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When to Walk; When to Go Home
God enjoys his creation. So did the psalmist. So should we.
2017 was an unspectacular New England autumn, with leaves either remaining green, or simply
browning and dropping. Too warm and too dry. But today the remnants of Hurricane Nate breeze
through, the ground is soggy, and bright yellow leaves flit down amidst intermittent showers and gusts.
Good day for a walk.
Sporting shorts, shirt, socks, and shoes, I saunter forth into the gray and gales and showers. My
quarter-century-old Vasque Sundowners sport scuffed leather uppers and soles re-glued several times
(marine epoxy > Shoe Goo), but their intact Goretex linings should insure that my feet at least will stay
To the trailhead, into the woods, and up the hill. I stand atop ancient fractured granite boulders five
yards high and eight across. A gray blustery day. Trunks darkened with damp to almost black, slouching
in assorted sizes and slants below the mostly-green canopy, graced with occasional yellows at the tops.
Rain is steady but not heavy. Quiet except for the rushing, swishing breeze in the branches. No one else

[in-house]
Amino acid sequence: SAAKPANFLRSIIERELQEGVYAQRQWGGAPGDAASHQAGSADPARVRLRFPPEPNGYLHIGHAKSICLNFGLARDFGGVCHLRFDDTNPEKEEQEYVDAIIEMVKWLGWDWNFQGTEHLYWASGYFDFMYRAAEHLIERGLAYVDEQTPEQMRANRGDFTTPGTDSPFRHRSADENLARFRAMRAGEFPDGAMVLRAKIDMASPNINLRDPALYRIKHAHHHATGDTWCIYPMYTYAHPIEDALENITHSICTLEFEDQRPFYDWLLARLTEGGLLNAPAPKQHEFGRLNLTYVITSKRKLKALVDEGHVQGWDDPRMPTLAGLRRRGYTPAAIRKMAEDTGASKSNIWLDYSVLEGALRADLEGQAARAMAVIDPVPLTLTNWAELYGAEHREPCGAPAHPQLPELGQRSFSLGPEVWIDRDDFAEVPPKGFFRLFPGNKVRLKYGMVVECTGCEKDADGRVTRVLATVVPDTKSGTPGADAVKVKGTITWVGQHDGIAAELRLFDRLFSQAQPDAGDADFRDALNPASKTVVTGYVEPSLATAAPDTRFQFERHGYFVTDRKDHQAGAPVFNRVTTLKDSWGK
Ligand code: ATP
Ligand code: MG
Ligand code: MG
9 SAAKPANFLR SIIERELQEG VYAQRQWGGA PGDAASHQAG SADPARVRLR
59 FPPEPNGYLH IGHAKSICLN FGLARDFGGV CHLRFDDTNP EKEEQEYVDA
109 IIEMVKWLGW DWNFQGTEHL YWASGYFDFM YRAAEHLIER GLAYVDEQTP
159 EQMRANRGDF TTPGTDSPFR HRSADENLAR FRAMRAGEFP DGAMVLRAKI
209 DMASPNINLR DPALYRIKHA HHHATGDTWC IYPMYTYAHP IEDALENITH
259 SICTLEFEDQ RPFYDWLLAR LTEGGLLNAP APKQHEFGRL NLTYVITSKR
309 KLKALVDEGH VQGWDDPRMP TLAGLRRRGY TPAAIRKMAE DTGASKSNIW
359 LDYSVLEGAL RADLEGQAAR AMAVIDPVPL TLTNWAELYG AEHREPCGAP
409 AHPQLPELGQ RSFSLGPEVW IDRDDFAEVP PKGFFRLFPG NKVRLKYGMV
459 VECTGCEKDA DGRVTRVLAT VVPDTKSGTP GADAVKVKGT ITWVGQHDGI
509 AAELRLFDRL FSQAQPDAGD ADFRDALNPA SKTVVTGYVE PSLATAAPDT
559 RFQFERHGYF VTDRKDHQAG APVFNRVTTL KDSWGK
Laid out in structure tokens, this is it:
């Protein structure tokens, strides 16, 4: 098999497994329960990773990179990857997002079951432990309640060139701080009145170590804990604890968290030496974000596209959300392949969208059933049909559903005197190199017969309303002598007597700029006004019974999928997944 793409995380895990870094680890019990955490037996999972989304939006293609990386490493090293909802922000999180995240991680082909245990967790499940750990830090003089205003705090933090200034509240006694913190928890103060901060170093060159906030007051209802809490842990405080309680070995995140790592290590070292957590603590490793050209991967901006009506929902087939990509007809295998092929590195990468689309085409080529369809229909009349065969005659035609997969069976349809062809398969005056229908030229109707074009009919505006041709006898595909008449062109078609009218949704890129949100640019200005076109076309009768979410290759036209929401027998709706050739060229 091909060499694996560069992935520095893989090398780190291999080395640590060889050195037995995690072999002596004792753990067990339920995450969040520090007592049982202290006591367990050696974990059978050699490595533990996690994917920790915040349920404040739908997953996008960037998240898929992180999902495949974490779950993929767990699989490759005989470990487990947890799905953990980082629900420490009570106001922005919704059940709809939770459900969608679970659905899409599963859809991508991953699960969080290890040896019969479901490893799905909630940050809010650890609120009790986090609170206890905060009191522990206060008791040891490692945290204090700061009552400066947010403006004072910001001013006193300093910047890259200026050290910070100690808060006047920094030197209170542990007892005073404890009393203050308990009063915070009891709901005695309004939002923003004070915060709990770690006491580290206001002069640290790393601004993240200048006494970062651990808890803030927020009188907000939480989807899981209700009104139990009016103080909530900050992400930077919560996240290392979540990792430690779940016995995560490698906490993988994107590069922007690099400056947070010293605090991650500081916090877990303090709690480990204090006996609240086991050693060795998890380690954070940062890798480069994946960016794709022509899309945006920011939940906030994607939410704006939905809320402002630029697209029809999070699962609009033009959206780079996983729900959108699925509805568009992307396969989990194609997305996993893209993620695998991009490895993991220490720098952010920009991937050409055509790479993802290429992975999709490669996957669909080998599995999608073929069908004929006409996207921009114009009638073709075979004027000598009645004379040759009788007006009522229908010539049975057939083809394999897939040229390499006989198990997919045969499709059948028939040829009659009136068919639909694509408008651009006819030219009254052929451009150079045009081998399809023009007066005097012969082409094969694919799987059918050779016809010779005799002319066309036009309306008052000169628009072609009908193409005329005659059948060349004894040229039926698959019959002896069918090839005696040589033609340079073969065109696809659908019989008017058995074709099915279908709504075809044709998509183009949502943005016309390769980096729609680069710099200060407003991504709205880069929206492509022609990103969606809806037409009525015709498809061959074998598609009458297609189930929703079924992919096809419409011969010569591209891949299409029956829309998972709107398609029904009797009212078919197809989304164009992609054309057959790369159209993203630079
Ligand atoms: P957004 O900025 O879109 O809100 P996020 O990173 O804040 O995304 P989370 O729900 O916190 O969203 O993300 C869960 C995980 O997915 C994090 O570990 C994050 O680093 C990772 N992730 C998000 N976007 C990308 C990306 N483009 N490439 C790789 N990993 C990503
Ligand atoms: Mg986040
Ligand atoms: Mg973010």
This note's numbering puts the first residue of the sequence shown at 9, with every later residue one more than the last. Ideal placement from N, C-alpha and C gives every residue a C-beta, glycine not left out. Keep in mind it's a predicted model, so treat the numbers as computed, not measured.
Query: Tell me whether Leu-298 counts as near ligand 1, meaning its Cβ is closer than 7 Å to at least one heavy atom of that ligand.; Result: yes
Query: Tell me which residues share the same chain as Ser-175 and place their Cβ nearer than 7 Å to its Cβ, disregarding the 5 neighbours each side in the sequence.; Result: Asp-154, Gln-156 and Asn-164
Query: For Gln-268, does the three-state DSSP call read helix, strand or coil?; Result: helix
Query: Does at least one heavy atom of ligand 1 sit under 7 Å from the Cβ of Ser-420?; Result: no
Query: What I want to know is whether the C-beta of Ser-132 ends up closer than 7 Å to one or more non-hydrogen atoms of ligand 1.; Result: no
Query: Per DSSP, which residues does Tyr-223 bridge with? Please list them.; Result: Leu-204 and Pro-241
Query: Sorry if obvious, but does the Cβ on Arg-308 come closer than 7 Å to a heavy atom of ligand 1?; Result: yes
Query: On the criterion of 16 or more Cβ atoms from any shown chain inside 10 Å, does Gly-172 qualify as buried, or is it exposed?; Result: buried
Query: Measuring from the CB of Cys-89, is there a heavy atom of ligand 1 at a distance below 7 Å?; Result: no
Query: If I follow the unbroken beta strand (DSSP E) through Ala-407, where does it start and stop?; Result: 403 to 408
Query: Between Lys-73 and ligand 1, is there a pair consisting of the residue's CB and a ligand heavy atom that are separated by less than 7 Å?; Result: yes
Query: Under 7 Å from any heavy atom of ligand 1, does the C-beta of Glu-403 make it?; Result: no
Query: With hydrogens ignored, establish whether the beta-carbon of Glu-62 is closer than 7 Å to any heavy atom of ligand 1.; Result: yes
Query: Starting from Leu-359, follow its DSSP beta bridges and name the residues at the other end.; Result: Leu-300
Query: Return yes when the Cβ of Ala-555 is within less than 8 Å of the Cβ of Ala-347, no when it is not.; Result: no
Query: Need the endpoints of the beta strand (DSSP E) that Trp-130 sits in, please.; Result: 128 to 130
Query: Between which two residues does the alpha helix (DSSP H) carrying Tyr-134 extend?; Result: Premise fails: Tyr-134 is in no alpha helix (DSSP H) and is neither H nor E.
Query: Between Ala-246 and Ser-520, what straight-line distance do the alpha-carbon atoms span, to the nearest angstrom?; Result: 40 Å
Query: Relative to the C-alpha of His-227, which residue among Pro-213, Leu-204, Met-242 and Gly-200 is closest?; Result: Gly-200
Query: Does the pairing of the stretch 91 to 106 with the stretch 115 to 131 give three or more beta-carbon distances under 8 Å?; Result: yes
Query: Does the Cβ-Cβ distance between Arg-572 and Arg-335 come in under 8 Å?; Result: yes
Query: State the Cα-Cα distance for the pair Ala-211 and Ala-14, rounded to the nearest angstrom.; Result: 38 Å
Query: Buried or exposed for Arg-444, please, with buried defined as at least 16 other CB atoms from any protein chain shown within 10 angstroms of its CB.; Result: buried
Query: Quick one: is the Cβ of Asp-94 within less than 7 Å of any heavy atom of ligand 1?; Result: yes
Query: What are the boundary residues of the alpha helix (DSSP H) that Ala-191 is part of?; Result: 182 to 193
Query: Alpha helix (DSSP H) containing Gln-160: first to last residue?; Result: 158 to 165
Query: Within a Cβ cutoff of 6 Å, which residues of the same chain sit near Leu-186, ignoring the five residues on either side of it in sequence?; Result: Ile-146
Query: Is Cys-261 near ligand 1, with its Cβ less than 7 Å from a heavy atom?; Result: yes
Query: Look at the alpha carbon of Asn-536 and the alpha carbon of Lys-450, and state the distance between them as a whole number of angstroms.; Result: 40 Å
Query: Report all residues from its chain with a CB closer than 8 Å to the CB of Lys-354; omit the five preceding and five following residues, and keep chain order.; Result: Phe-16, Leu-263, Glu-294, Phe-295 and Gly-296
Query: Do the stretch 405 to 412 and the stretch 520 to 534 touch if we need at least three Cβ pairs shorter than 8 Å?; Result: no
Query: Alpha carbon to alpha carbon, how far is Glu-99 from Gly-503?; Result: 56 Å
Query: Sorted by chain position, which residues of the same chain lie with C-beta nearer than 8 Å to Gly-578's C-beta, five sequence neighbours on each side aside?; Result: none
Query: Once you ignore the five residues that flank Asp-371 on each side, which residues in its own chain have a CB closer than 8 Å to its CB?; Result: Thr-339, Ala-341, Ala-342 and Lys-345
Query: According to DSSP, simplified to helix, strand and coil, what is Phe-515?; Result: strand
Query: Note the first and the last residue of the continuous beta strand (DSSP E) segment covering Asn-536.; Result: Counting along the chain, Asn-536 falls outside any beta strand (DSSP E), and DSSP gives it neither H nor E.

around. Wind strengthens and shifts erratically. A more intense shower blows in, so I stand tight to a
tilting trunk to ward off the worst. Once it eases, on up the trail to a large granite bald spot and overview.
The ragged cloud ceiling hangs low, alternately obscuring and unveiling the larger range a mile across the
When the showers strengthen I duck back into the trees. Even if my soles weren’t shorn smooth, the
leaves and wet would render treacherous some of the stones and slopes. The post-hurricane gusts stiffen;
branches above rack and roar. Suddenly a twelve- footer falls just behind and to the left. Five minutes
later, crack! Yikes! Thud! Its twin, three inches in diameter, crashes directly on the trail four yards ahead.
“Missed me by that much!” Time to head home.
How many are your works, Yahweh! In wisdom you made them all (Ps 104:24).